remorse

[ri-mawrs]
noun
1.
deep and painful regret for wrongdoing; compunction.
2.
Obsolete. pity; compassion.

Origin:
1325–75; Middle English < Middle French remors < Medieval Latin remorsus, equivalent to Latin remord(ere) to bite again, vex, nag (re- re- + mordere to bite) + -tus suffix of v. action, with dt > s; see mordant

preremorse, noun


1. contrition. See regret.
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Based on the Random House Dictionary, © Random House, Inc. 2014.
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World English Dictionary
remorse (rɪˈmɔːs)
 
n
1.  a sense of deep regret and guilt for some misdeed
2.  compunction; pity; compassion
 
[C14: from Medieval Latin remorsus a gnawing, from Latin remordēre to bite again, from re- + mordēre to bite]
 
re'morseful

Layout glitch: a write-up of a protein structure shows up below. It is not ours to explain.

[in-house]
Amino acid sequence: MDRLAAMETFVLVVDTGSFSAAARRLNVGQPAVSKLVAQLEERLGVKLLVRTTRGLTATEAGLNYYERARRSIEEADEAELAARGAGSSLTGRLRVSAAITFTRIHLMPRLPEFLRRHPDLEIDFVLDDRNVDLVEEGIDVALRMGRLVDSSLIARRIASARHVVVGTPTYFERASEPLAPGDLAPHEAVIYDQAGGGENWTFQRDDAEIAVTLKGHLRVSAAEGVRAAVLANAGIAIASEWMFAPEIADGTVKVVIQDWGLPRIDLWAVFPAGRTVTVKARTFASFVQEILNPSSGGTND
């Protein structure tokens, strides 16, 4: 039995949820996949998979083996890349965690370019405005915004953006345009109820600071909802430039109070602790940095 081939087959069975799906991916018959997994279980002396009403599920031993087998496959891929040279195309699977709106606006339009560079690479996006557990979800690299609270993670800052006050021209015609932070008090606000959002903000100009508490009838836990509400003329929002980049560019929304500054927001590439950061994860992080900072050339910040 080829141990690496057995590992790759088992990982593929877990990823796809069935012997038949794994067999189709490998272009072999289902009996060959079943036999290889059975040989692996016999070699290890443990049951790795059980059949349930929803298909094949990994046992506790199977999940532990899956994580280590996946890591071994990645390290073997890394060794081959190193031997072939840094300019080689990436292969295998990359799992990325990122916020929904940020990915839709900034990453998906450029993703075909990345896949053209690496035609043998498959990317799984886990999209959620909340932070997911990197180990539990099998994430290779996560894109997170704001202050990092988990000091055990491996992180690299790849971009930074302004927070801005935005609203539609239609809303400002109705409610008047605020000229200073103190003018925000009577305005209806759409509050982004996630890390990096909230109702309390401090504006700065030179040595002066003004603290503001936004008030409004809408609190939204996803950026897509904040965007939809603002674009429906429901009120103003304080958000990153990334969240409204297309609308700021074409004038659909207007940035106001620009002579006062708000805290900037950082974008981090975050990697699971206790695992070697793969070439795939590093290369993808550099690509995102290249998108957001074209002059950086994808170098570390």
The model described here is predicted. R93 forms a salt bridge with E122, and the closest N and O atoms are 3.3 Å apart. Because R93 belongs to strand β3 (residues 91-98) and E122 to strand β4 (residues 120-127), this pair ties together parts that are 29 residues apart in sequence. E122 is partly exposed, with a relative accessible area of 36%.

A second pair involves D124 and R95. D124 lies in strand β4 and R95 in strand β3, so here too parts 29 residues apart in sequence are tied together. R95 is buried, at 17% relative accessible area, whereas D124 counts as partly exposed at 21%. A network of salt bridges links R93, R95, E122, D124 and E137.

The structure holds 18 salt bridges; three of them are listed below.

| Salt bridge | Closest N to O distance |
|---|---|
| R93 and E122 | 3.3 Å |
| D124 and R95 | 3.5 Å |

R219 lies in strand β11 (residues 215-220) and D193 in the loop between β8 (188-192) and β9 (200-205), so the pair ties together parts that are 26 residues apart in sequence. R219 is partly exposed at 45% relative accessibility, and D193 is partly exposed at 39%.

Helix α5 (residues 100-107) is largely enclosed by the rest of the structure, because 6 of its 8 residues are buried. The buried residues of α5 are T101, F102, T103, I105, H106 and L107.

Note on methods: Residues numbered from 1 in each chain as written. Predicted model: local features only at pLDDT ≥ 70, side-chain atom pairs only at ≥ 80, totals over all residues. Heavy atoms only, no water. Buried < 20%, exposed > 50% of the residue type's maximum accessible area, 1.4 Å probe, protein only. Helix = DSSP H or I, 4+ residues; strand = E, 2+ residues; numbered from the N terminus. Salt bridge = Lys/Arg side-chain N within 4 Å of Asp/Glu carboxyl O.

adj
 
re'morsefully
 
adv
 
re'morsefulness
 
n

Collins English Dictionary - Complete & Unabridged 10th Edition
2009 © William Collins Sons & Co. Ltd. 1979, 1986 © HarperCollins
Publishers 1998, 2000, 2003, 2005, 2006, 2007, 2009
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Etymonline
Word Origin & History

remorse
late 14c., from O.Fr. remors (Fr. remords), from M.L. remorsum, from neut. pp. of L. remordere "to vex, disturb," lit. "to bite back," from re- "again" + mordere "to bite" (see smart (v.)). The sense evolution was via the M.L. phrase remorsus conscientiæ (translated
into M.E. as ayenbite of inwit).
Online Etymology Dictionary, © 2010 Douglas Harper
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Example sentences
Trying to keep everyone talking while trying to keep him alive because of his
  total lack of remorse or fear, is a full time job.
No doubt she felt relief at having been fired, what she seems not to have felt
  is remorse at having been hired.
It has no empathy, refuses to accept responsibility for its actions and feels
  no remorse.
Psychopaths lie without compunction, injure without remorse, and cheat with
  little fear of detection.
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